I am trying to cut down on business expenses and was thinking I would skip sending out Christmas cards this year. What do you think?
If you are asking is it WORTH sending out those season’s greetings to your business contacts? Yes! With building a relationship with your clients and prospects, a business Christmas card acknowledges that you took the time and effort to think of them. These tips will help you use business Christmas cards to build a relationship with your clients and prospects:
Don’t go overboard with designer labels and customized messages on your business Christmas cards. Dollar for dollar, no one really cares if you handwrote your company’s name or if it was printed onto the Christmas card. Include a business card with your business Christmas card. If family and friends are your customers too, I would suggest sending out two separate Christmas cards. Send out an extra Christmas card just from you that is not business related. Always include a handwritten note inside the business Christmas card. Make it short and sweet. For example, “All the best in the New Year, Bob!” And don’t forget to spell the contact’s and company’s names correctly. And don’t forget to send the assistant a business Christmas card, too. Never underestimate the importance of the assistant.
As the New Year approaches, I was thinking to change some of my business strategies, how do I do that best?
Changing business strategies typically involves analyzing your current business practices and determining where and when adjustments are required. Adapting your business model involves risks, so plan ahead and examine alternatives before taking any action to modify your company’s strategic plan. Introduce changes slowly and be prepared to return to your previous strategies if your new strategies don’t pan out for your business.
Step 1: Examine your key performance indicators. Look at revenue, sales and other metrics. If sales are down or customer satisfaction lags, conduct focus groups or surveys to get more information. Changing customer requirements could dictate major restructuring by your company in order to remain competitive. Review industry benchmarks to see if there might be a long-term industry shift that may impact your business.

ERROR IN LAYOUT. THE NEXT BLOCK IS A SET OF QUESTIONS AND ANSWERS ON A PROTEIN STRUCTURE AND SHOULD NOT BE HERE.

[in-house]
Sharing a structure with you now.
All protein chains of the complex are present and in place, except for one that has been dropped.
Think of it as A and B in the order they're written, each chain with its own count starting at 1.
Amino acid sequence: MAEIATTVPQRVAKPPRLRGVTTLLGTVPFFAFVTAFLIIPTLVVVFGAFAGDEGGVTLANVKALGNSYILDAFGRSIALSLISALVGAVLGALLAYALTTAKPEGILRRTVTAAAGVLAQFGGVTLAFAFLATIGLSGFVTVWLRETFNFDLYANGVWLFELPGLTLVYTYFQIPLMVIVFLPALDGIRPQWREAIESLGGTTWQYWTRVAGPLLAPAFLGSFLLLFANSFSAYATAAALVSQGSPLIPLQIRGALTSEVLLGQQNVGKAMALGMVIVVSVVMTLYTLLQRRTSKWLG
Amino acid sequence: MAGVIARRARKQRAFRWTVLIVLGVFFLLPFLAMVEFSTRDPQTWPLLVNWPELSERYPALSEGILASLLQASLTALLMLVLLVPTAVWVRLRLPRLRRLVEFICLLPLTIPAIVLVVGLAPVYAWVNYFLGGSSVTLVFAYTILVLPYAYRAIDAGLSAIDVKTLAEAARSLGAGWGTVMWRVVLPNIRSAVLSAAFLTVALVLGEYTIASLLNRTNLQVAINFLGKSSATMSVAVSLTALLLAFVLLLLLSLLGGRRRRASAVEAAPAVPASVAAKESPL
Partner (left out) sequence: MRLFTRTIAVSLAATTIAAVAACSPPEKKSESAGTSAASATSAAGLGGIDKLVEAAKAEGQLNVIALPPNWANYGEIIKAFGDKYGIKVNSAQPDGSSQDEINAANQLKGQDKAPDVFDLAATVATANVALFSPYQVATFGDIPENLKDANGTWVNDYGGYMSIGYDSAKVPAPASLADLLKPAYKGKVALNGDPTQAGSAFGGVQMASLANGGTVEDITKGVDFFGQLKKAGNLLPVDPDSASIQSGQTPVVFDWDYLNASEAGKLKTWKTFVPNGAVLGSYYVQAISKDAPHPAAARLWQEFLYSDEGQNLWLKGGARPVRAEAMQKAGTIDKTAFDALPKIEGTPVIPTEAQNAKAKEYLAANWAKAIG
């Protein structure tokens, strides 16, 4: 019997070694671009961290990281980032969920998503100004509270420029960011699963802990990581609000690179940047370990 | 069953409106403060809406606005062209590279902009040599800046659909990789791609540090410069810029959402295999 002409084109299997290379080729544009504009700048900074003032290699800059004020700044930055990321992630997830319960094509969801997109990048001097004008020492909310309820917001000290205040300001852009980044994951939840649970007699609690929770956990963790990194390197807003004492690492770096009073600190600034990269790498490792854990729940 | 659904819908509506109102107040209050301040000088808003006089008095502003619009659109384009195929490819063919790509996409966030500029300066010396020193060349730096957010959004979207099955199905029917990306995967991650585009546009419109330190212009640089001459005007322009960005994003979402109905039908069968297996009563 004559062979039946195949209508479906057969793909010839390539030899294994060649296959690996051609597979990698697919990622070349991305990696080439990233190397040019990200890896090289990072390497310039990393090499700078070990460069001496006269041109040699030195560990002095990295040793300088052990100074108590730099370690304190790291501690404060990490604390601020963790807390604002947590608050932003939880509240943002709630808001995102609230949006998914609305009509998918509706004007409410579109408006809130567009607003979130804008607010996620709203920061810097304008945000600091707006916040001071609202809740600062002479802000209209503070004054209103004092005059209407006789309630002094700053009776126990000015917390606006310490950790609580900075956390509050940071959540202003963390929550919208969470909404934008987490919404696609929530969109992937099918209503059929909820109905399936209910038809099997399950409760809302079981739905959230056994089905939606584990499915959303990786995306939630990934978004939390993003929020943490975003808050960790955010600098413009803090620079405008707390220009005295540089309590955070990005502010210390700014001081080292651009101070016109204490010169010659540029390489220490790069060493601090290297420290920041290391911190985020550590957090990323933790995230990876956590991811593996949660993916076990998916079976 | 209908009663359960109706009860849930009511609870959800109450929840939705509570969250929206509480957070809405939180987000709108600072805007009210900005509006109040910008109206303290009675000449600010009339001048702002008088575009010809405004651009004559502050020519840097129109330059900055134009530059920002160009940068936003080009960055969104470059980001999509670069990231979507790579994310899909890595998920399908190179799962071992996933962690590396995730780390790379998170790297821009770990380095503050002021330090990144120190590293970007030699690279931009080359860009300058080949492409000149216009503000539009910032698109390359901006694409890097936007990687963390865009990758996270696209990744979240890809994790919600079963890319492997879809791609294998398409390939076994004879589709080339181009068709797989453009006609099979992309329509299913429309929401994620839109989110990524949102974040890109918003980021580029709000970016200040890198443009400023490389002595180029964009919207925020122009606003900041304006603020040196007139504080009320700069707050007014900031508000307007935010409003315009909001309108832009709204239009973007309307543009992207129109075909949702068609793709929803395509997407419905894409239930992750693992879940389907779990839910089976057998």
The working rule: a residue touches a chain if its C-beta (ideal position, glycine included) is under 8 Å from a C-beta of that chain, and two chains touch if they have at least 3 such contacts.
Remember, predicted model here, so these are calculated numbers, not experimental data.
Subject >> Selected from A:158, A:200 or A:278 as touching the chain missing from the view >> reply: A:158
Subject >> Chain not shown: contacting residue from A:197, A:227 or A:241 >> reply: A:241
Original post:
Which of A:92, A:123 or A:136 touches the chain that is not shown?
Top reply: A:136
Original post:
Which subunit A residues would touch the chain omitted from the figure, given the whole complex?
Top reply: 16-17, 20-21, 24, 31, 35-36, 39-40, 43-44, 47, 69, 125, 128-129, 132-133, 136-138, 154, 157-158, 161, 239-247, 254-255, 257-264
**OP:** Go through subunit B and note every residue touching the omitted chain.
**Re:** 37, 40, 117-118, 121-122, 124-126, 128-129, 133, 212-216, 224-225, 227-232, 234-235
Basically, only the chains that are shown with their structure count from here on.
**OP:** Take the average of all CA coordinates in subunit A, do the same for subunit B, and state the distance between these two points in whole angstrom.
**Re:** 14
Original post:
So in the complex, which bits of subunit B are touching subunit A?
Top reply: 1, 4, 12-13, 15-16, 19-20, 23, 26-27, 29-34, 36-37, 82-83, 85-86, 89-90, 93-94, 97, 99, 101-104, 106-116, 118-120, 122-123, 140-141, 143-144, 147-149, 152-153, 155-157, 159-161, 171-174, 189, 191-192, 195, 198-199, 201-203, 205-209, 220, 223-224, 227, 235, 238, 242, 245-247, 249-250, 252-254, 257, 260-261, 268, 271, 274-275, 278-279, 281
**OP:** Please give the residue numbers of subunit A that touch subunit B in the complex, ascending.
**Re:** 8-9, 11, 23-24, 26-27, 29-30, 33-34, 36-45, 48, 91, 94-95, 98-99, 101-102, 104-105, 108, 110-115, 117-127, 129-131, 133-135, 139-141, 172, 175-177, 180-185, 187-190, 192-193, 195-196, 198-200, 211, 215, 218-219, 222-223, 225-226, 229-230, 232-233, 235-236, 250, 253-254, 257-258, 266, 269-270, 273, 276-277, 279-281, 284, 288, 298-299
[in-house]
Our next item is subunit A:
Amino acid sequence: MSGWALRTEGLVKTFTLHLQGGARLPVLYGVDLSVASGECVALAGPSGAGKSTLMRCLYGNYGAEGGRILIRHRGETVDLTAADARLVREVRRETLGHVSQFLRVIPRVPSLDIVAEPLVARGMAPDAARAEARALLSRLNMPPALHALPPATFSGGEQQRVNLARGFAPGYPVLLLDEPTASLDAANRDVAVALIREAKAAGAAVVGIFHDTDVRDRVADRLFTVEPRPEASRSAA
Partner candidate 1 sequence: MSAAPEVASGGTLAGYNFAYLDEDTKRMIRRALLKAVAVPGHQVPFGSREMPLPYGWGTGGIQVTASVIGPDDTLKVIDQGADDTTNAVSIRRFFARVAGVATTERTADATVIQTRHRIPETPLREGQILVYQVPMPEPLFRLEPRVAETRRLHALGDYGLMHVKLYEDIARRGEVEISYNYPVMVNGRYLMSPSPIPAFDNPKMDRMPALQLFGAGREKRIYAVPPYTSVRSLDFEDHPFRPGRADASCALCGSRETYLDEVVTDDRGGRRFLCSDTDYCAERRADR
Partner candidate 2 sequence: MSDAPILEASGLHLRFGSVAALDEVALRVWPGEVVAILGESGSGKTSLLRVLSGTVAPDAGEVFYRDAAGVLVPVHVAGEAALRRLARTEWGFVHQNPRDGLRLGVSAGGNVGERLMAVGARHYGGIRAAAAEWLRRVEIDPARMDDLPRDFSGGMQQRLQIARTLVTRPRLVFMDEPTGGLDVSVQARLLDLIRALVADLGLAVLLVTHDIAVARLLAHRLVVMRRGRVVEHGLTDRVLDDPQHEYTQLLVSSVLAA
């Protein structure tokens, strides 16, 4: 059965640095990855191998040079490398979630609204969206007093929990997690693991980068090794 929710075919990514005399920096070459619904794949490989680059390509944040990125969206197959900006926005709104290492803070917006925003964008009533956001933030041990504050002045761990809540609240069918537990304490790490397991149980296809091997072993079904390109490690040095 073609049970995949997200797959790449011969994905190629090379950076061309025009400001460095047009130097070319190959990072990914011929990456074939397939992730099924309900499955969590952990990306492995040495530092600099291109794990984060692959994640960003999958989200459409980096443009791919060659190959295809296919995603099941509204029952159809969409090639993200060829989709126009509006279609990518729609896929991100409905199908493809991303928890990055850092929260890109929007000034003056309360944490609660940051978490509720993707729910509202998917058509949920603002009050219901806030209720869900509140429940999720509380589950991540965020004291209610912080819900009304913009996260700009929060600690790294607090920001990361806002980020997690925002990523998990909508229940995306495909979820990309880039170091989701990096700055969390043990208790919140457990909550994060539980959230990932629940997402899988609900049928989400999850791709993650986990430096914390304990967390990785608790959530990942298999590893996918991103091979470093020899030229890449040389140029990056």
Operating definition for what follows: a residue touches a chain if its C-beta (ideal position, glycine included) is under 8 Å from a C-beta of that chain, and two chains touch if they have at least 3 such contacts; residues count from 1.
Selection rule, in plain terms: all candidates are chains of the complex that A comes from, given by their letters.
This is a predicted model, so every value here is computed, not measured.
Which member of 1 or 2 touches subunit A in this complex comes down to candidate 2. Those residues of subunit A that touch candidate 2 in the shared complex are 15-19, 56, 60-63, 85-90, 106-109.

Step 2: Introduce a new initiative. Expand a current product line or market it in a totally new way. For example, sell your products through an online store instead of a more traditional retail business. Look for new customers who may not currently be targeted as consumers of your product. Investigate new forms of communicating with customers such as social media technology.
Step 3: Ask your employees, suppliers and partners for their input. Find out what they hear firsthand from customers and competitors. Adjust your business strategies to exploit opportunities. For example, change your hours of operation or pricing model if those actions can help you remain competitive.
Step 4: Conduct market research. Tap into resources such as the Hoover’s, Nielsen or Forrester websites to get information about leading companies in your industry. Use these websites to get free access to selected research reports, newsletters or audio and video content. Sign up for email notification about new research that can help you shape your business strategies. Get details about salaries, reorganizations and cost-cutting measures at other companies producing similar products and services in your industry.
Step 5: Communicate and train your employees on new business strategies. For example, if your company shifts its focus to place more emphasis on customer support, ensure your policies and procedures reflect this new strategic direction.
Step 6: Rate your employees on the critical skills needed to adapt to achieving the new business strategies. Identify performance gaps and, if necessary, recruit, interview and hire new personnel who possess these skills. Provide opportunities for these new employees to coach and mentor existing personnel on new technology, techniques and practices to help your company succeed.
Step 7: Evaluate your business strategy adjustment six months after you make the changes and then again after a year. Analyze the results and impact on operational metrics. Expand programs that show promise. Cut back or refine programs that produce less stellar results.
To ask your questions: Call the Small Business Development Center(SBDC) at Cochise College (520)-515-5478 or email email@example.com or contact the Sierra Vista Economic Development Foundation(EDF) at 520-458-6948 or email firstname.lastname@example.org